As concerns about sustainability are increasingly shaping consumer behavior in today’s highly competitive business environment, companies are growing more interested in what makes a product green, and how to make their own products as sustainable as possible.
Several criteria have been proposed for different industries in the quest to measure "greenness" and guide companies towards responsible behavior, but there are no widely accepted standards or recommendations for best practices.
According to Jean-Paul Jeanrenaud, Head of Business & Industry Relations at WWF International, there are two distinct views on the subject. The first one states that products need to clearly meet a need. If a product is unnecessary, it cannot be considered sustainable at all. The second viewpoint is more common, relating to the design and the use of the product itself. The list of issues to consider is long and often industry specific, including material usage, infrastructure and embedded energy, sustainable sourcing, recycling and refurbishment, energy consumption, and product lifetime.
Jeanrenaud especially stresses life cycle thinking: "Nature does not do dumping; there is a continual cycle going on for everything. Humans are breaking this natural cycle. When too much is taken out of the environment and nothing is coming back in, we end up with a serious imbalance. In order to reach sustainability, the triple bottomline of economic, social and environmental factors needs to be brought into balance."
A truly green product would thus need to mimic the way the nature works, fulfilling all the possible criteria and not damaging the environment in any way. This is highly unlikely for most consumer products. The problem with industrial processes is that they are often based on the extraction of non-renewable resources. This leads to the fact that most industries can never be totally sustainable, as long as they continue to do so.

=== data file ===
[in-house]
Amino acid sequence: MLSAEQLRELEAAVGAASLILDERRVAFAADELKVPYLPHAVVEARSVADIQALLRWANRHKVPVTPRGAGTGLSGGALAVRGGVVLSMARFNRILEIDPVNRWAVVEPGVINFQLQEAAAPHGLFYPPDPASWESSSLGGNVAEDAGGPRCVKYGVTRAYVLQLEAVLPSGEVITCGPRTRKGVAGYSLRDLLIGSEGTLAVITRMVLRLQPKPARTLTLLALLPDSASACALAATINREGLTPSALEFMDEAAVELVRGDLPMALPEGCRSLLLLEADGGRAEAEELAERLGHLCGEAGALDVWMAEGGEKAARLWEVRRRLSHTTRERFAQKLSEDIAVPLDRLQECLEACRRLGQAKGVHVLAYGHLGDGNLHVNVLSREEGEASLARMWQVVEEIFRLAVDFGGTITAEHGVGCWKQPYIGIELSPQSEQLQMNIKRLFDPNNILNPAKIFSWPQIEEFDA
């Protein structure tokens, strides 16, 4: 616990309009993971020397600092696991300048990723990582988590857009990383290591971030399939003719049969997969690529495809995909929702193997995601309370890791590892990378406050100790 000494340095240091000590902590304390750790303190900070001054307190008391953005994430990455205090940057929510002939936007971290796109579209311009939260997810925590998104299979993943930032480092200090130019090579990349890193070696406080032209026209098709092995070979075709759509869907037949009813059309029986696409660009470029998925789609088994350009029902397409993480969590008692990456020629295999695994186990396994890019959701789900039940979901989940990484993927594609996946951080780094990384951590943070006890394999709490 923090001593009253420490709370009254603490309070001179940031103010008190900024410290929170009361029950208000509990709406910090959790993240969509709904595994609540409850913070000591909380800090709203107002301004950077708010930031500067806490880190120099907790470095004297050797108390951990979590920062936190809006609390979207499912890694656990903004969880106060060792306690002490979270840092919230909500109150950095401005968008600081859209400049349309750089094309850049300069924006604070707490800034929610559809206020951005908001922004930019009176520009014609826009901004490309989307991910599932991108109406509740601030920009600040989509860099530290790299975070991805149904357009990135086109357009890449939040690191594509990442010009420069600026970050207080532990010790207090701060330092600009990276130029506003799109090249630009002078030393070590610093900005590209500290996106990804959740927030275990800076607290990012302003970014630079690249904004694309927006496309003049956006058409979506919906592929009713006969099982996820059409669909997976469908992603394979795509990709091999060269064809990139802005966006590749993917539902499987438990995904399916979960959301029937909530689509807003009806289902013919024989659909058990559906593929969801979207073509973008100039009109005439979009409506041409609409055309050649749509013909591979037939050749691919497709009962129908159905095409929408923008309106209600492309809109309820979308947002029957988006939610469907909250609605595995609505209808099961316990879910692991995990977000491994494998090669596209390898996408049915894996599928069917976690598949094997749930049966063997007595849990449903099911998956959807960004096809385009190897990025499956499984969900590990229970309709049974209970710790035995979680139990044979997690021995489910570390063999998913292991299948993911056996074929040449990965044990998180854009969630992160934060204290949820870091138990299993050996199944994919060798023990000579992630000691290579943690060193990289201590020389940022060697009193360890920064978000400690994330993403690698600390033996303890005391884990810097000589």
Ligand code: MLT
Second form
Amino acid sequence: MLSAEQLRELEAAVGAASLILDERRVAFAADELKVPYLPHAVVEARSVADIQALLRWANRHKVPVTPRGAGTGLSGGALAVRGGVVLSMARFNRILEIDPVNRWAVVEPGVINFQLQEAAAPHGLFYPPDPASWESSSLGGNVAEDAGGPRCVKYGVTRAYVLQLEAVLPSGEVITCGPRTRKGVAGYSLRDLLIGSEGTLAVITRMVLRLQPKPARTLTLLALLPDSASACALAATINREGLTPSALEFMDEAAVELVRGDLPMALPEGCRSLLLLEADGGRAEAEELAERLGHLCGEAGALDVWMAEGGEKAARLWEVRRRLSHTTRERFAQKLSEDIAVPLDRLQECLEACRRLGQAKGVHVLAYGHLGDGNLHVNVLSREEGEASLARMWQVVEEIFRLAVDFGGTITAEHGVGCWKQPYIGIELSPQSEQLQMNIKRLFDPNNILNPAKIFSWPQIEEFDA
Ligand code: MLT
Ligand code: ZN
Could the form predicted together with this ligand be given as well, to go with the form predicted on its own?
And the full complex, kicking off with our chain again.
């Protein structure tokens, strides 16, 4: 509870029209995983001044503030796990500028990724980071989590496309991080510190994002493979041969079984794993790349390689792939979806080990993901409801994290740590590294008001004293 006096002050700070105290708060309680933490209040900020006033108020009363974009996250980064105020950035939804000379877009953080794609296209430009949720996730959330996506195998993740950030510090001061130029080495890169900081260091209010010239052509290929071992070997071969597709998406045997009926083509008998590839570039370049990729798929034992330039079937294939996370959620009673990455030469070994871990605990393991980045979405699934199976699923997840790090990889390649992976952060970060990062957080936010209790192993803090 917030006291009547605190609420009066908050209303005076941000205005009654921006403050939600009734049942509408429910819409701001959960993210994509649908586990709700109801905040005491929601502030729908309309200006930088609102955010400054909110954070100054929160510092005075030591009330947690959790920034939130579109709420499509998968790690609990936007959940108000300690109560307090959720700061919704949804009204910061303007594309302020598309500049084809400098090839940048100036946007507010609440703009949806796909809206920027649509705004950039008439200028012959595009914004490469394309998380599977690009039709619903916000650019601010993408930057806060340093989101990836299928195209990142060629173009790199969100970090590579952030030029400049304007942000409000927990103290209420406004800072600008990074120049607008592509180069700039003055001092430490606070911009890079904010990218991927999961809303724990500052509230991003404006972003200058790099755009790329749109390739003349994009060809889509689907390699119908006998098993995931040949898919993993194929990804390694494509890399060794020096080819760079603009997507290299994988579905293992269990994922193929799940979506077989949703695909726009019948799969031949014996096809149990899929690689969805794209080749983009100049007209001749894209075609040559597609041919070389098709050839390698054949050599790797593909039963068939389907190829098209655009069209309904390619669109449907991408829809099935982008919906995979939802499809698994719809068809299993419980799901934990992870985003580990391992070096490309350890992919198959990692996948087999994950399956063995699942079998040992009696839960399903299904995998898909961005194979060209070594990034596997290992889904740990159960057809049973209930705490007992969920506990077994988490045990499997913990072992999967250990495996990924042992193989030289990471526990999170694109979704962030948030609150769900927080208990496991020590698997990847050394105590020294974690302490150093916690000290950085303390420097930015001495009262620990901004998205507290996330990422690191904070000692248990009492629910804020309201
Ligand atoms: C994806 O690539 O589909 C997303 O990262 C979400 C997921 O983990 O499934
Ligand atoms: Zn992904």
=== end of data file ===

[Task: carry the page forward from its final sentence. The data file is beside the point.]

However, there are many shades of green. Companies can be expected to do everything they can to reduce their impact on the environment. Although the result may not be fully sustainable, the products will be "greener" and their negative impacts minimized. This is what most consumers are increasingly demanding.
Even so, the concept of a green product is ambiguous. "Defining greenness is a complicated issue because of the difficulty of valuing tradeoffs. It is very difficult to weigh the relative impacts of different factors, in order to determine the best practices from the environmental viewpoint", says Jeanrenaud. How does one compare air quality to recyclability? Additionally, it might be that while the products themselves are not completely green, they help reduce overall environmental impact. For example, mobile technology can help reduce the need for international travel. However, the product itself may be far from green, unless special attention is paid to other aspects of sustainability.
One reason why companies worry about their stakeholders' conception of green is that they don’t want their environmental communications to be seen as greenwashing. If a company’s environmental actions are not sufficient, sincere and credible, there is a risk that the impact on consumer confidence will actually be an inverse one. Considering the lack of accepted standards, it is safer and more truthful to talk about the features that make the product greener, rather than claiming the product is entirely green.
Eco-labels have been used in the hope of gaining consumer confidence, but for obvious reasons they can sometimes be misleading. Jeanrenaud claims that "unless a label is backed by international NGOs, it will not have credibility. This invalidates self-certification. Ideally it should not be the NGOs setting the standards for corporations but the government, and the NGOs adding their support."
In either case, there seems to be an obvious need for a new level trust in the business world, and more and more companies are finally aiming to be seen as trustworthy. A more sustainable business world is possible, and many are realizing that there is a clear business case for sustainability.